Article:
My body, so used to functioning on adrenaline, did not know what to do when it wasn’t busy, and so the adrenaline that had been my friend and kept me going through all of busyness, kept firing, causing a sense of anxiety that was always there. 

My brain could not function clearly, and this was terrifying, as I relied heavily on my mind. My confidence started to waver. I grew depressed. It was a mess!

I had strong family and medical support as we tried remedies, therapies, and medications. These took the edge off, but I certainly did not feel like myself. 

I had a long-standing meditation practice and engaged in this and my spiritual practices; I started to improve, but still felt fragile.

Then, I was handed a gift that has changed my life.

The gift was enrolment in the smartUBC Mindfulness Program and it has changed my life for the better. 

A completely secular program, smart is an acronym for stress management and resiliency techniques, and it is doing just that for the many who have taken this program! 

As I sit today, I wonder that I had survived at all without this. I am so moved by my own personal results that I want all of my children, family and friends to experience what I have experienced. 

I feel this program should be incorporated into all schools and businesses (as Google has done) as a simple, yet powerful way of life that is proven to have myriad positive effects.

Life today sees increasing numbers of people experiencing stress, anxiety, depression and a sense of being fatigued, over-whelmed and burned-out.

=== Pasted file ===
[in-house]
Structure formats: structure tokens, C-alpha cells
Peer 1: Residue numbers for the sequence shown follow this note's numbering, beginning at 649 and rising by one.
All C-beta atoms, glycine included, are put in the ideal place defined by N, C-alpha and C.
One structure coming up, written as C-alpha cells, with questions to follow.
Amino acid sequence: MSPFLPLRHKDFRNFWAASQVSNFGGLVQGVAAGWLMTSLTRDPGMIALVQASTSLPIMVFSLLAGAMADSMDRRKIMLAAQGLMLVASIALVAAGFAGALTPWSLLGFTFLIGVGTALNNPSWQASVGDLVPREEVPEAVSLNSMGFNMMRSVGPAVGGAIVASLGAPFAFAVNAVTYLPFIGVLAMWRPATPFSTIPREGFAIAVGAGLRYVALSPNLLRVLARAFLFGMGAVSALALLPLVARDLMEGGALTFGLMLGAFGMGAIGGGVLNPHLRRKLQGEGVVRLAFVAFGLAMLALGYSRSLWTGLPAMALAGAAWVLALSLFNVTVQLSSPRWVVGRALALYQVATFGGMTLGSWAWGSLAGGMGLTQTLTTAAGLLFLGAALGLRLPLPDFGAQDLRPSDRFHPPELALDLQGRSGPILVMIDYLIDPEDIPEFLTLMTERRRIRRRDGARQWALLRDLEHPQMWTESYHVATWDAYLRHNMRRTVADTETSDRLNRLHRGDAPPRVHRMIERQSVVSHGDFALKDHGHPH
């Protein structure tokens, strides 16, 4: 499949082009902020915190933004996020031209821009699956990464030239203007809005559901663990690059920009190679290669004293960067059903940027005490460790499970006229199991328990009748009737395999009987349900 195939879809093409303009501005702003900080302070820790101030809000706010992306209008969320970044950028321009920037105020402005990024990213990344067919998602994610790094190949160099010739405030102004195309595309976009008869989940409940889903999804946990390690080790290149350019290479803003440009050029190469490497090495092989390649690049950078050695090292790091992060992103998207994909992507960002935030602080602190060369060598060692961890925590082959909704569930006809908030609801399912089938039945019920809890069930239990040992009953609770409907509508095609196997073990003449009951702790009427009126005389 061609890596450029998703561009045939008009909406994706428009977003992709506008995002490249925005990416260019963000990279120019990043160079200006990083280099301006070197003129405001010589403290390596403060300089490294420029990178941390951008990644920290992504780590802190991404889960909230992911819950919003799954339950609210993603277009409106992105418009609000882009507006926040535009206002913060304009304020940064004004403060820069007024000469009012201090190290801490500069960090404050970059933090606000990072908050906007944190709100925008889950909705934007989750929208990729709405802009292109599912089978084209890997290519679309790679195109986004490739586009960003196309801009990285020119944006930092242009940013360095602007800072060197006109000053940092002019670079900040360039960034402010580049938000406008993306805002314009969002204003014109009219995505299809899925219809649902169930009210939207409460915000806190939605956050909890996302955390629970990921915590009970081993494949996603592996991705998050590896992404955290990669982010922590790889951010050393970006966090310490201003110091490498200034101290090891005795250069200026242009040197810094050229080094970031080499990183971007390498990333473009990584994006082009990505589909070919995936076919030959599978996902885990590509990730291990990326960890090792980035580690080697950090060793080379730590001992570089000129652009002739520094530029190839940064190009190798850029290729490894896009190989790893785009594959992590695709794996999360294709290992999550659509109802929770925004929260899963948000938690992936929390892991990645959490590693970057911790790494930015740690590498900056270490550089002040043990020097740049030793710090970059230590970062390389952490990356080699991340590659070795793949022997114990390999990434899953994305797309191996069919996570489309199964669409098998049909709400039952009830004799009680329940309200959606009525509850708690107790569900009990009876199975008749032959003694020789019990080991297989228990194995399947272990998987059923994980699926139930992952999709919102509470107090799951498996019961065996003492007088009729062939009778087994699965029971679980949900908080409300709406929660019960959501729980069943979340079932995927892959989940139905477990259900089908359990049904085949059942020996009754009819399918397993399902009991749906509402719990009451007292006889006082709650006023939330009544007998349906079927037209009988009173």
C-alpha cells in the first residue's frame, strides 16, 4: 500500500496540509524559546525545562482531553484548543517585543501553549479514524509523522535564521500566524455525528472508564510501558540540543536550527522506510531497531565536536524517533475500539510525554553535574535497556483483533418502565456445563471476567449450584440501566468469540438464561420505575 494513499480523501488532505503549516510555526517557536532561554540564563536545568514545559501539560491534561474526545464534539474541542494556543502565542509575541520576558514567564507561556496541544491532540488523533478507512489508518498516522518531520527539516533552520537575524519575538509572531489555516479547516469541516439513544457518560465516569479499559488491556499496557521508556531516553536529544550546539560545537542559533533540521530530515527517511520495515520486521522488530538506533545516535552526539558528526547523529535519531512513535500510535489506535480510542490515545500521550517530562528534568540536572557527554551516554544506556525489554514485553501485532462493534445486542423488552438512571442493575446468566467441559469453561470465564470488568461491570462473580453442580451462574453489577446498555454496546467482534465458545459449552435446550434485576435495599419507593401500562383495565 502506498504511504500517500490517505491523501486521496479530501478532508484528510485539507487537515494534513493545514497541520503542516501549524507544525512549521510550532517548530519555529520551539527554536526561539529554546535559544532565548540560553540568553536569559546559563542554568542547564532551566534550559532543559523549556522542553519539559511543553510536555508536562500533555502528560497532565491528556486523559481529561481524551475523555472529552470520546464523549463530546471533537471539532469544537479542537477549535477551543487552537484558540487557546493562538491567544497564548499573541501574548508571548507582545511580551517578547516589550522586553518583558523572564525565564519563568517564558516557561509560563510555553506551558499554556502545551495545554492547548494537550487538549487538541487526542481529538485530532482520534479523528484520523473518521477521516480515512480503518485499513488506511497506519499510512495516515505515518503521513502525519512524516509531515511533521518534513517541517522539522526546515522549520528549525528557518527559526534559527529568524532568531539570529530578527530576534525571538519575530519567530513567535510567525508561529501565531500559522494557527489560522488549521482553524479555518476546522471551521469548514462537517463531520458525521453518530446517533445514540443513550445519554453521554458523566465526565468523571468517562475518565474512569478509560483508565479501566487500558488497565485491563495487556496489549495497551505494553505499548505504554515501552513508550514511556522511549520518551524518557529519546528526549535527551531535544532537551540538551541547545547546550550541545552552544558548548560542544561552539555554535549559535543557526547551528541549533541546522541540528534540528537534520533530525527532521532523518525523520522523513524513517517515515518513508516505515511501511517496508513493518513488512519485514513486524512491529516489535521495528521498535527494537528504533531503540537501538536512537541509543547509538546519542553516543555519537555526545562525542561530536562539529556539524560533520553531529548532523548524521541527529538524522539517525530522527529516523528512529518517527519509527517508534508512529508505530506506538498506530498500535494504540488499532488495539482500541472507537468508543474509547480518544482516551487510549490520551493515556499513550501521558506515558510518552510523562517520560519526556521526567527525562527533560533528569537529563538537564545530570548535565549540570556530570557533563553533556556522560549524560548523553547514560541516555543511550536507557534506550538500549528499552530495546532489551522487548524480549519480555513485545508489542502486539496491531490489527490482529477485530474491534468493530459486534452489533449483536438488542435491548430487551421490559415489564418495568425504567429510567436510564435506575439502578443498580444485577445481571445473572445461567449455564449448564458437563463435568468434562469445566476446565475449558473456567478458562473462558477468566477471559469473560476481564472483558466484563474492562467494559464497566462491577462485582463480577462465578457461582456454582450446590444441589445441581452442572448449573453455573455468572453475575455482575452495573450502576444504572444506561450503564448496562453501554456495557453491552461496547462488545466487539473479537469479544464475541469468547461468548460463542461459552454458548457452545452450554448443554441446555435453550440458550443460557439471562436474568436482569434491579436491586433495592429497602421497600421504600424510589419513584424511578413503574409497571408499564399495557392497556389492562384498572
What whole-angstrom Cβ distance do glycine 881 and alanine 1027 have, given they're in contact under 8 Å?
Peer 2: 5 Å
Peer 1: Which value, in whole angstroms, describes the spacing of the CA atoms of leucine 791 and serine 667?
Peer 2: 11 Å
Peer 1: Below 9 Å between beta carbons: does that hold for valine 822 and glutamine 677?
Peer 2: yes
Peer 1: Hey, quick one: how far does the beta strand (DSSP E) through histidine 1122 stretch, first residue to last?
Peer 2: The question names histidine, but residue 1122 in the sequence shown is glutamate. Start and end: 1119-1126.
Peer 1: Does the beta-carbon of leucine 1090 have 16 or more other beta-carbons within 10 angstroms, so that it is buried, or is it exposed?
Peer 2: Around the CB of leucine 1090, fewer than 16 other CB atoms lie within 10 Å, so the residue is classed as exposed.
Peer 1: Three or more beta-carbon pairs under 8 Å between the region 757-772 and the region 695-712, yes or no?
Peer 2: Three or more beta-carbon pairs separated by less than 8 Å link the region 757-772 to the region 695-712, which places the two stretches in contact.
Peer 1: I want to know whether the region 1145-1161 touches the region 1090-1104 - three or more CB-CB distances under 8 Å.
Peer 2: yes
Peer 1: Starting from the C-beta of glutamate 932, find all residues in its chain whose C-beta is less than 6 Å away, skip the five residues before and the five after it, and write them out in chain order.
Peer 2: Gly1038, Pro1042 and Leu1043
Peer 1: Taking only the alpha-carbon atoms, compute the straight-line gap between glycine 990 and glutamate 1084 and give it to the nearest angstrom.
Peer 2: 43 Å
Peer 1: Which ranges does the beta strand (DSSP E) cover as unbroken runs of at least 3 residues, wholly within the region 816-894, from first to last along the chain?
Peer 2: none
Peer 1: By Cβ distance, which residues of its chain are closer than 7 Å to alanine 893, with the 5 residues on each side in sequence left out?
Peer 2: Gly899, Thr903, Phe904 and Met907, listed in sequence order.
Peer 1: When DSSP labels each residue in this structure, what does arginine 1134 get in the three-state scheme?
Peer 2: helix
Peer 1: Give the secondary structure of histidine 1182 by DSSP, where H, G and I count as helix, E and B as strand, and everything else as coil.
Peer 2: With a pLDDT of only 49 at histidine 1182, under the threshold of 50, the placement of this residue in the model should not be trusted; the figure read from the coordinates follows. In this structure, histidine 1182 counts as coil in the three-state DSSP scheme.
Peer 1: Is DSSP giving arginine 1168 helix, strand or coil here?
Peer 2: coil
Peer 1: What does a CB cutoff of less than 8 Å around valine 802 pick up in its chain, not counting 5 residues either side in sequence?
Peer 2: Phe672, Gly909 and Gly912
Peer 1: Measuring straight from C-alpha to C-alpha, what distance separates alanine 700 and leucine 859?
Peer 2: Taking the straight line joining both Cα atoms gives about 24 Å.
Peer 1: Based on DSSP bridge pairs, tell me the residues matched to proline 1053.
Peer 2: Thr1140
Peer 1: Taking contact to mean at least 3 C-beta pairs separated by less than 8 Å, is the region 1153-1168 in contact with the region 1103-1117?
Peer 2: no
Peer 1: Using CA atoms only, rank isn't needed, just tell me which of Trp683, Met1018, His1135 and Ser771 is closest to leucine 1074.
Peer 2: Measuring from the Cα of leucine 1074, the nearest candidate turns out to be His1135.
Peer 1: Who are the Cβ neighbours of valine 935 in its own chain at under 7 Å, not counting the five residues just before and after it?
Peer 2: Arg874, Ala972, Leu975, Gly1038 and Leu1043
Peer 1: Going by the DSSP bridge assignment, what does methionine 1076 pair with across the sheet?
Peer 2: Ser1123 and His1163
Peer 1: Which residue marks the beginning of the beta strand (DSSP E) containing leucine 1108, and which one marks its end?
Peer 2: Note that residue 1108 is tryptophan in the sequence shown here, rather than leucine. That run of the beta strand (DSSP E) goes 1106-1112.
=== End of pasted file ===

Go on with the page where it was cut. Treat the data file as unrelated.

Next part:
As a nurse, this alarms me as it seems to be a plague of modern society, with anxiety even being identified among children of today. People often get stuck in an expanding loop of negative thoughts and feelings that can negatively affect our health, our sleep, and quality of life. 

Mindfulness practice is a powerful, yet simple way of life that has proven effective in alleviating myriad challenges, both mental and physical. 

The research into the positive benefits of mindfulness is compelling, causing a ripple in the health and corporate world as the paybacks are both personal and global. The power of doing this in a group setting is exponential. 

Through participation in the smartUBC Mindfulness program, I feel whole, have developed strength and resilience. I have gained a sense of well-being that feels like a welcome back to life as I have never lived it. 

UBC Okanagan has been offering a mindfulness program called smartUBC to their students with good result. The Centre for Spiritual Living Kelowna is partnering with UBC Okanagan to offer smartUBC in a secular, eight-week experiential course to the public.

It will be facilitated by UBC Okanagan senior instructor Jeanette Vinek, and hosted by me.

This eight-week secular program will be offered on Monday evenings from 6-8 p.m. at UBC Okanagan, starting May 1. 

The investment is $300, plus $20 for the manual. 

There is a half-day silent retreat on June 17 from 10 a.m. to 2 p.m. included in the registration feel. All held on UBCO campus 

Don’t wait as long as I did. Give yourself this powerful gift.

Register On-line at www.cslkelowna.org or call me at 250-868-9090 for more information. 

Corinne Crockett, a staff minister with the Centre for Spiritual Living Kelowna, has a master’s of health sciences in nursing, and is a clinical assistant with UBC Okanagan School of Nursing.